David Kertzer is an American historian who has taken advantage of the Vatican's new open-door policy. In 1998 the Archives of the Roman Catholic Church were opened for historians to ascertain the truth about the alleged involvement of Pope Pius XII in the holocaust. The historians have still not shown that Pius XII was guilty of anything more than an angst-ridden silence, but Kertzer effectively shows how anti-Semitism was deeply rooted in every aspect of European culture including the opinions and policies of the popes and inquisitors of the Catholic Church.
As one would expect from a professional historian of Kertzer's status, his book is objective, balanced and fair. If anti-semitism was deeply rooted in the culture of Catholic Europe, it is also true that there were constant voices within the Catholic Church challenging the anti-Semitic assumptions and calling for change. Kertzer's main point, that the anti-Semitism ingrained in European Catholic culture prepared the way for the holocaust, is strong and presented well. He writes with a clear, readable style and his research and documentation are impeccable. While it is true that Catholics cannot take the blame for the holocaust, Kertzer has still presented a case for Catholics to answer. Hopefully, in Pope John Paul II's millennium mea culpa and his rapprochement with the nation of Israel, we have seen the first steps towards long term reconciliation and co-operation. --Dwight Longenecker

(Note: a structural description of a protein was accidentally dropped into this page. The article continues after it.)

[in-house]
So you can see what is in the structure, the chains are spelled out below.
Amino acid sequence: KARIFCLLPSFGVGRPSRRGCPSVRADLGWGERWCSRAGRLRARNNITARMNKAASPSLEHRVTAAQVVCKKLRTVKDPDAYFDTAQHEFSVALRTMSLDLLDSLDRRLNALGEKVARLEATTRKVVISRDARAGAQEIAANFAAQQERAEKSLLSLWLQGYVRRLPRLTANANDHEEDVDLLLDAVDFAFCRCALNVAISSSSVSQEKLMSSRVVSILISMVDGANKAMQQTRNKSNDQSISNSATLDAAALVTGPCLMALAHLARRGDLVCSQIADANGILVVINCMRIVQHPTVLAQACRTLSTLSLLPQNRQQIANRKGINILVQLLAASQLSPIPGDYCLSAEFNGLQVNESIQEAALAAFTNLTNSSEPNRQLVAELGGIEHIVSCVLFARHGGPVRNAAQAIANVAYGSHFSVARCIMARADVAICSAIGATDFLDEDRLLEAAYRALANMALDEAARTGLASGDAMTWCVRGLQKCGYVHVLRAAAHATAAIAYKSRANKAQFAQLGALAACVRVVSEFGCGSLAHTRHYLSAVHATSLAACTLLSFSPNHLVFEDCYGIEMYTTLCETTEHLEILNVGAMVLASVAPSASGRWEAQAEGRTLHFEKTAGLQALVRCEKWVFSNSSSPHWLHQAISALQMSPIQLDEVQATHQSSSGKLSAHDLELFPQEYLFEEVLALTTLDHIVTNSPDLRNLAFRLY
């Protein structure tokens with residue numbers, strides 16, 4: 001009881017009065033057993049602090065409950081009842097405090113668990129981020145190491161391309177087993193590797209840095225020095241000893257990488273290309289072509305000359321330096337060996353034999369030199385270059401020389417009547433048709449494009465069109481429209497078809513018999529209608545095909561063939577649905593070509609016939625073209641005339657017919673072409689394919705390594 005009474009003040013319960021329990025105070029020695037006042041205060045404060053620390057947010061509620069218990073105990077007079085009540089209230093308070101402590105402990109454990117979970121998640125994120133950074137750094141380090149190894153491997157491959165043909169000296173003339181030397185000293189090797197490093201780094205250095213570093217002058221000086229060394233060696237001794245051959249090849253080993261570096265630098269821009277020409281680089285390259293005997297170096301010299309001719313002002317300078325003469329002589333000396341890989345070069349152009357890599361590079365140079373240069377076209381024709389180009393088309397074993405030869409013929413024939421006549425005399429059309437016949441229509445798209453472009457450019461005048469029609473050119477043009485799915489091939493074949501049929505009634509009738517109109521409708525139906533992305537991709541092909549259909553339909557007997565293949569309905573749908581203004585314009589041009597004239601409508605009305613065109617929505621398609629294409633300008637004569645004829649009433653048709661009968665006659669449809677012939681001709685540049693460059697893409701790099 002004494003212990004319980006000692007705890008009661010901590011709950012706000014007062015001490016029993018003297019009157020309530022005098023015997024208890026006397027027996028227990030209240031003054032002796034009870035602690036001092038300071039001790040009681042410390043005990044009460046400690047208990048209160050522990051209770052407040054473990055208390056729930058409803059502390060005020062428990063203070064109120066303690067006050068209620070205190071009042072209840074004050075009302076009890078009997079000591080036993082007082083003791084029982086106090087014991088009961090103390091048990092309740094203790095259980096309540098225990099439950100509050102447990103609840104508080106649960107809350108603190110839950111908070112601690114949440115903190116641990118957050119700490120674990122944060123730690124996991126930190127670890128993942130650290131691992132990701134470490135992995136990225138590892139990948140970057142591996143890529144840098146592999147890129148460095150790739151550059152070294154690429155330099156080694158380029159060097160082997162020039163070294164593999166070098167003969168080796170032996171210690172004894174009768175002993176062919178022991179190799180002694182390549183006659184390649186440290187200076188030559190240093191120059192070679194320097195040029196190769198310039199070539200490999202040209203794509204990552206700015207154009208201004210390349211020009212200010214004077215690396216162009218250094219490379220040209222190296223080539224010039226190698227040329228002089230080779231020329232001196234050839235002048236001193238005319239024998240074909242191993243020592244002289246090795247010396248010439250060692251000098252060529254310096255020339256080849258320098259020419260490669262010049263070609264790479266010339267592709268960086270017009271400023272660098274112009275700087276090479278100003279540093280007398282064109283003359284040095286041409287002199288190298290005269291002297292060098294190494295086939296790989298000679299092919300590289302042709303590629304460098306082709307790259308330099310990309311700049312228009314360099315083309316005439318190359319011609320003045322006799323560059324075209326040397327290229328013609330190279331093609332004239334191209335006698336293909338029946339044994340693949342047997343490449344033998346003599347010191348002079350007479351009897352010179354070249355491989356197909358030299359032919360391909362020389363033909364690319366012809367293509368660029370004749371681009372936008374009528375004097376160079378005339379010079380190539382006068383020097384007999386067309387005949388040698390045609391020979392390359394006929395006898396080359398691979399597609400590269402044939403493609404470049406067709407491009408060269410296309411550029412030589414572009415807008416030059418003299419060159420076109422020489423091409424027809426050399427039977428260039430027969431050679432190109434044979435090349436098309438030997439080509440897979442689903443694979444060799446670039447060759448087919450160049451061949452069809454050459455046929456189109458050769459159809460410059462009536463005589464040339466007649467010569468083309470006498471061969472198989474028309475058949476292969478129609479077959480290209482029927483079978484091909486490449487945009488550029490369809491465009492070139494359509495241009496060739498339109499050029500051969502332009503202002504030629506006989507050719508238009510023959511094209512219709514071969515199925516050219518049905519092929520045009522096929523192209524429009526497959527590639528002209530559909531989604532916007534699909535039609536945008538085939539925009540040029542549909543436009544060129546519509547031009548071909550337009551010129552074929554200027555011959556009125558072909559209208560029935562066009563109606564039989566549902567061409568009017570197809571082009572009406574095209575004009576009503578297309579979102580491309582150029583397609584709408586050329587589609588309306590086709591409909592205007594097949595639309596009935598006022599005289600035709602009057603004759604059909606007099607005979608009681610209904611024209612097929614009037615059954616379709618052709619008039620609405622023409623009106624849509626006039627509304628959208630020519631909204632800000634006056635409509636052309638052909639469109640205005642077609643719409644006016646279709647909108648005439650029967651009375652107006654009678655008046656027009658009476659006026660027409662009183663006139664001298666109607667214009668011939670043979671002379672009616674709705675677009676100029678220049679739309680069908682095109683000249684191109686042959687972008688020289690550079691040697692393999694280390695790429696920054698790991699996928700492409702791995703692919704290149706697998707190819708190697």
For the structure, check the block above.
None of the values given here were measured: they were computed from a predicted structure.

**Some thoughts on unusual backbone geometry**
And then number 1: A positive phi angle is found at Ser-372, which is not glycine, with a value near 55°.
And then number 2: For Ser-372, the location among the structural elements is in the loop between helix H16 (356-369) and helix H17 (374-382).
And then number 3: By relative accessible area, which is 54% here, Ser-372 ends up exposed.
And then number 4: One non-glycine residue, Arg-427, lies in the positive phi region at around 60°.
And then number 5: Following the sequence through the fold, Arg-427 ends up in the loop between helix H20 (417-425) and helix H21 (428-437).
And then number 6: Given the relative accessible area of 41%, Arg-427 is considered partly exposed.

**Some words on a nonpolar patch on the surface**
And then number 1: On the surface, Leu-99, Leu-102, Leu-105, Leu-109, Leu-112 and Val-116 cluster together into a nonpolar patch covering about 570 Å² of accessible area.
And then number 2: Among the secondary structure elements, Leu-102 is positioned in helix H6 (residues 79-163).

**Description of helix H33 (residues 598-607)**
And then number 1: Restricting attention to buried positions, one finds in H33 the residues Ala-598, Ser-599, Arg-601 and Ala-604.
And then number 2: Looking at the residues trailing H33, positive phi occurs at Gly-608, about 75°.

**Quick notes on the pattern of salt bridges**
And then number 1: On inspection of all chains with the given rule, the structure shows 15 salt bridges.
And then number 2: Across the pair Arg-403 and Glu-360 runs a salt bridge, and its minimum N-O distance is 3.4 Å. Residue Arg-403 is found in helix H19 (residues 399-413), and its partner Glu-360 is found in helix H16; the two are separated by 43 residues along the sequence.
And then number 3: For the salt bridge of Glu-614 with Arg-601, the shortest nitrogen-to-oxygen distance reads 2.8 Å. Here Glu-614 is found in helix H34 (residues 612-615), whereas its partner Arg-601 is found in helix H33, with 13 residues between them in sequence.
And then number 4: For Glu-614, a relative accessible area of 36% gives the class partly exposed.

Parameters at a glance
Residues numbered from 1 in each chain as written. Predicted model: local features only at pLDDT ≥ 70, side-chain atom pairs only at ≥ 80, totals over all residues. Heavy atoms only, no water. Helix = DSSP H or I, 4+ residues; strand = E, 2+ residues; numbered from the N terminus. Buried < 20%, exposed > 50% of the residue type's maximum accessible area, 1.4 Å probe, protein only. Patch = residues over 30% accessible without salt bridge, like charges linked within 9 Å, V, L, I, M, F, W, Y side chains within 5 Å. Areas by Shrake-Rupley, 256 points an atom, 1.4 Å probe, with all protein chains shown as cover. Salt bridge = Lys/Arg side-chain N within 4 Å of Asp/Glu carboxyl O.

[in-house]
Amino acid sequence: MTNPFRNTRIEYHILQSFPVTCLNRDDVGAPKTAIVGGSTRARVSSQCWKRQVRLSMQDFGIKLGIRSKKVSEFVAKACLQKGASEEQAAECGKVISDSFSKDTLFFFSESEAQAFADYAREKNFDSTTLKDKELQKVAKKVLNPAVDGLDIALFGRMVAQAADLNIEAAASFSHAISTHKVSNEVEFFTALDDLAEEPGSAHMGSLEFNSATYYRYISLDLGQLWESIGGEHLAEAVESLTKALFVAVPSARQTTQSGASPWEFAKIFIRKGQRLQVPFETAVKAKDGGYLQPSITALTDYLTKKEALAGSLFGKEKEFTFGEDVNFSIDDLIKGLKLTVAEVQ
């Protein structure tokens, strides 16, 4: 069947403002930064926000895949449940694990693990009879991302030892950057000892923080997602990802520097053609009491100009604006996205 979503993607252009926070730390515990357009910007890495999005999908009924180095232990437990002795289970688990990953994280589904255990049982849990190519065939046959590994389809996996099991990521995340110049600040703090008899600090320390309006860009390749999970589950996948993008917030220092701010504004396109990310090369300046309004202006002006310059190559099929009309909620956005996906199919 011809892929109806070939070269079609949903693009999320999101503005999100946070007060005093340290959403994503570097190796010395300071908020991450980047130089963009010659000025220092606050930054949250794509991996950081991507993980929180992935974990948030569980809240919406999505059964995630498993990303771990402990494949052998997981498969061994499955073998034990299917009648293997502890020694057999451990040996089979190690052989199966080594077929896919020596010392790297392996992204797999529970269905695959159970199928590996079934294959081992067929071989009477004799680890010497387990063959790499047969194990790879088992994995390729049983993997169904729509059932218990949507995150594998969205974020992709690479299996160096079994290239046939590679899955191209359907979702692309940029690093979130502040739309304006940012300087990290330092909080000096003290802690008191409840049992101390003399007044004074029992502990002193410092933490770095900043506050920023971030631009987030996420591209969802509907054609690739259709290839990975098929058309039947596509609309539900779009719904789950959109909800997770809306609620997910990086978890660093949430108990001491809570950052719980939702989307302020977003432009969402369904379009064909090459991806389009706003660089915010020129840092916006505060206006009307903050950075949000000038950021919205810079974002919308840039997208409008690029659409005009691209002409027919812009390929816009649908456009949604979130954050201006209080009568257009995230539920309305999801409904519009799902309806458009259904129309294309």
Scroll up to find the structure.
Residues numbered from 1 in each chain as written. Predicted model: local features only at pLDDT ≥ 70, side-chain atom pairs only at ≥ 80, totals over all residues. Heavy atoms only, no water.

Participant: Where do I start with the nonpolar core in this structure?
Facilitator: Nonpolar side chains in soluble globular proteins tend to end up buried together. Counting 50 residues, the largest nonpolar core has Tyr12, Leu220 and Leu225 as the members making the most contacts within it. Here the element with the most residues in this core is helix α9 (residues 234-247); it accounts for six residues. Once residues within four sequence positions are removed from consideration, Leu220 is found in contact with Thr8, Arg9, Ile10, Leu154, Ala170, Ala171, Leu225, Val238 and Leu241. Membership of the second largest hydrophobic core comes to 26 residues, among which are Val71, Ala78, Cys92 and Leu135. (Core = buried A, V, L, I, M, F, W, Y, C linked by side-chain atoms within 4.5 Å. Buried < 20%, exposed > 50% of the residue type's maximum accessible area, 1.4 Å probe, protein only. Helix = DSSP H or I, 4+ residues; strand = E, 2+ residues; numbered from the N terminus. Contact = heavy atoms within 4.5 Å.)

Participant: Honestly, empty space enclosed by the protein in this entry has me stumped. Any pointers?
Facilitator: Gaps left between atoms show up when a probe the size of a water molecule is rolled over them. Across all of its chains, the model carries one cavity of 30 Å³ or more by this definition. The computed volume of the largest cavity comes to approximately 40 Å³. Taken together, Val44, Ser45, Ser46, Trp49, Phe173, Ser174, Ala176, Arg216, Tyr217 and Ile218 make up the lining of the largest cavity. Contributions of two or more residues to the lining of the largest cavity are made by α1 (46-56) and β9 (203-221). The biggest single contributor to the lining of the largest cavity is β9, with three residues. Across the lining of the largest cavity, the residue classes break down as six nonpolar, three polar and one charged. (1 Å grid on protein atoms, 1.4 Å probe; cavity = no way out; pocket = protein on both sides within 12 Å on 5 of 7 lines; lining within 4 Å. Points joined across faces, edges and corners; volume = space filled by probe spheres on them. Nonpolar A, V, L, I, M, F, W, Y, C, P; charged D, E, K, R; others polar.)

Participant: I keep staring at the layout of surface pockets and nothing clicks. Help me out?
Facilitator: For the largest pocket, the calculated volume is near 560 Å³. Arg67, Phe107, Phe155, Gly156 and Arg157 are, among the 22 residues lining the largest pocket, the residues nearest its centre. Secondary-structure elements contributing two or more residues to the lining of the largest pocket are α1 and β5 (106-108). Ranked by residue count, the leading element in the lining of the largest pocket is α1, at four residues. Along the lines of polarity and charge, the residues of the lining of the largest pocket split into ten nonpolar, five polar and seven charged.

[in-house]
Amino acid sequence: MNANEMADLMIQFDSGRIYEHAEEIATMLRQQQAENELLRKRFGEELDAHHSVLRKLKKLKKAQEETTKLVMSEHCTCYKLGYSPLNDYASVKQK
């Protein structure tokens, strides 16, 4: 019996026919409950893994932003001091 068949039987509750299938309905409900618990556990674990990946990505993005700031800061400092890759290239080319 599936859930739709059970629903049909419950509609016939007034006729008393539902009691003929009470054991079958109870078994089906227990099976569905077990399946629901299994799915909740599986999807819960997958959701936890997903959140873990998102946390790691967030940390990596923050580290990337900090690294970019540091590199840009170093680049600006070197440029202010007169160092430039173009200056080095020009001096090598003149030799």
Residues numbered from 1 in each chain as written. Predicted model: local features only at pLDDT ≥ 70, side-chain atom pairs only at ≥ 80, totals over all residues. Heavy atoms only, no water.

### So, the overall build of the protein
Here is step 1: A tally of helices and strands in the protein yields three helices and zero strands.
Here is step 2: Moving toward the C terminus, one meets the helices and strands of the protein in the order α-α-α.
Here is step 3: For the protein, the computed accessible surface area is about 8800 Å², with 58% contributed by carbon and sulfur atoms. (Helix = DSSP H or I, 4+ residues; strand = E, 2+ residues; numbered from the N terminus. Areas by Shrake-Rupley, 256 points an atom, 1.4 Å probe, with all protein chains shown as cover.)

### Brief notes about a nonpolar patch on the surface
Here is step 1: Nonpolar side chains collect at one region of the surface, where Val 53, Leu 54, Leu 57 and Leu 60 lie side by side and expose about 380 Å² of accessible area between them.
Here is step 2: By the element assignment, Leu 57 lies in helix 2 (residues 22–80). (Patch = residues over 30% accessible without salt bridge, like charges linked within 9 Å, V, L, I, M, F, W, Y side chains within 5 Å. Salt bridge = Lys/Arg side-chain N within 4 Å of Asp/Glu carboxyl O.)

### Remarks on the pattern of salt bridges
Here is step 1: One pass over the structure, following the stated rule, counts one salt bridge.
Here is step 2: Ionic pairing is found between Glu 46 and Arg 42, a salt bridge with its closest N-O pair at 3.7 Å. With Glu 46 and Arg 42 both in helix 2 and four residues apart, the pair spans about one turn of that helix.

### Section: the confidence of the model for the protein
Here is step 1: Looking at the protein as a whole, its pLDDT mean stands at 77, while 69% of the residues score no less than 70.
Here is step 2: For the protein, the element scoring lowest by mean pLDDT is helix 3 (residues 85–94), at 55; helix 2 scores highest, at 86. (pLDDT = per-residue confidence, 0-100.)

'Kertzer has done a staggeringly thorough job of tracing Catholic statements on the Jews....He lays out this revolting record with admirable calm.' -- New York Times Book review, September 2001
'Once again Kertzer has produced impressive evidence of the part played by the papacy in the growth of anti-Semitism in the twentieth century.' -- John Cornwell, author of Hitler's Pope: The Secret History of Pius Xii